More ideas on “Scenes” in Chicago – and New York

I needed to spend a few days in New York last week. It gave me a chance to think even more about Chicago’s neighborhoods, and their subtle differences. Sometimes it’s good to get away.

Having grown up in New York, I started thinking about some specific neighborhoods that I loved, and why I loved them. I was seeing them in the context of Terry Nichols Clark’s concept of “scenes,” that I discussed a few weeks ago. Here’s a brief sample:
Yorkville – on the upper edge of the Upper East Side in the ‘80’s and ‘90’s, there were German and Hungarian neighborhoods full of small restaurants and groceries and specialty stores. The German section was bigger, but geographically very distinct from the Hungarian.
Astoria – the largest Greek community in the world outside of Greece itself. Think food and culture and language. Enough said.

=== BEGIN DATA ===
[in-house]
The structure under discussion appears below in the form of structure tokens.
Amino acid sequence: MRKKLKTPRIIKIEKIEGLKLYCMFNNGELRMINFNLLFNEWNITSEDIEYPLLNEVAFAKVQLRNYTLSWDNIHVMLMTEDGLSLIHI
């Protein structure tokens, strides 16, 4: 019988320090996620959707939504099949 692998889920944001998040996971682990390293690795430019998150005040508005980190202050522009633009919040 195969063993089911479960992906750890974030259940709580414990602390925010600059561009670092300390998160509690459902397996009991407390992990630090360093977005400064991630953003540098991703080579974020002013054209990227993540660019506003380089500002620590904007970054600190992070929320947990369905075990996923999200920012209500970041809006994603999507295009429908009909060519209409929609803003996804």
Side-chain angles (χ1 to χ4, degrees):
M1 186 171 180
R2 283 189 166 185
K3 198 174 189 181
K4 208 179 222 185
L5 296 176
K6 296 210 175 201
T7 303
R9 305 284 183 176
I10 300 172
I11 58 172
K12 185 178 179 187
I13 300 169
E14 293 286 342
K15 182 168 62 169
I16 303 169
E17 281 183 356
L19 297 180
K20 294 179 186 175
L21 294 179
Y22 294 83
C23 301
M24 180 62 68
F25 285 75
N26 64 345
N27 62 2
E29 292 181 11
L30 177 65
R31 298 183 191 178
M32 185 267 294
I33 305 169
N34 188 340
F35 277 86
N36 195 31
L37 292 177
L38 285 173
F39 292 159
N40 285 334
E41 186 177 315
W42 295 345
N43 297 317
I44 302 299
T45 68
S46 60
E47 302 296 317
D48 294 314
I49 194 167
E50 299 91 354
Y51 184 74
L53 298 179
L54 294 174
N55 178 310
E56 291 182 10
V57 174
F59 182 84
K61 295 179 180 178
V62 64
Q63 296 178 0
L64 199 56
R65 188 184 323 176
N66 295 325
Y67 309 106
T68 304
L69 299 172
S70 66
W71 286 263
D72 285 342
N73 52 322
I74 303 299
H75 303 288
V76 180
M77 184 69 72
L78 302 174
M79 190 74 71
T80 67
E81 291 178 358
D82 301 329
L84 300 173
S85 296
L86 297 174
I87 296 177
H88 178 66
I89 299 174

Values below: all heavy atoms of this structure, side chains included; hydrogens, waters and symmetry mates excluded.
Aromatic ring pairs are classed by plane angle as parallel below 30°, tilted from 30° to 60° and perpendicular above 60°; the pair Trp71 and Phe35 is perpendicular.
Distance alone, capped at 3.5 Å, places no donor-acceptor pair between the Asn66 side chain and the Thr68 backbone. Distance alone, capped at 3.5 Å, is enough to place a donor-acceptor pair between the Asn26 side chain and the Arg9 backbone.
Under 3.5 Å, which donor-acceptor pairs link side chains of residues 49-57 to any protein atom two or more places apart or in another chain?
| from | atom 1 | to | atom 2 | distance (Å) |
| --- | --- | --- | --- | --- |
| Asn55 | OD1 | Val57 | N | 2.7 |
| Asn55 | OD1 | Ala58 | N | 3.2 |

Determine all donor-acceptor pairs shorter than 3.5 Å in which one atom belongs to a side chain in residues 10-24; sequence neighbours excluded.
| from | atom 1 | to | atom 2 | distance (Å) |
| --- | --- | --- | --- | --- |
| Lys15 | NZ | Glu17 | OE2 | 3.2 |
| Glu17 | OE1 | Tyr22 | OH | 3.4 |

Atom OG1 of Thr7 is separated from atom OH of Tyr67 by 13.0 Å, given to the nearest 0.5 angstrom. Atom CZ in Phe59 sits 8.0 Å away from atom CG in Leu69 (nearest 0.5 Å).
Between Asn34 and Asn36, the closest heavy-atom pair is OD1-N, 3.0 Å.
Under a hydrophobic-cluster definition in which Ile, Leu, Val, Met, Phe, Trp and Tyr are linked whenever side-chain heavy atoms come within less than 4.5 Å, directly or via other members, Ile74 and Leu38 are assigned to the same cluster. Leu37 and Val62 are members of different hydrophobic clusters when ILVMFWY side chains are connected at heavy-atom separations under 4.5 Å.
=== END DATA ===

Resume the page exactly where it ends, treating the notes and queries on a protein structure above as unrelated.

Williamsburg – Slightly down-at-the-heels, almost entirely occupied by Hasidic Jews and their businesses. Strictly kosher, and not just in food.
Seventh Avenue in the 30’s – mixed into the larger Garment District, there were quirky little independent stores selling buttons and trim and fabrics. These stores served the garment industry, but they were open to any member of the public who wandered in. They could be very inspiring.


I recognize that not everyone reading this blog has the same intimate knowledge of New York City as I do, but hopefully this list and map will illustrate the geographical distance of these scenes from each other.
Here’s the relevance to Chicago, and Jane’s Walk:
Chicago still has neighborhoods – or scenes – with variety like this. Maybe there are fewer than fifty years ago, but they are still there, still distinct, still vibrant and interesting and diverse. One of the goals of Jane’s Walk Chicago is to celebrate that diversity in all its glory and variety of its scenes.

Jane’s Walk Chicago is a living, growing organism. Come explore it with us on May 3 and 4.

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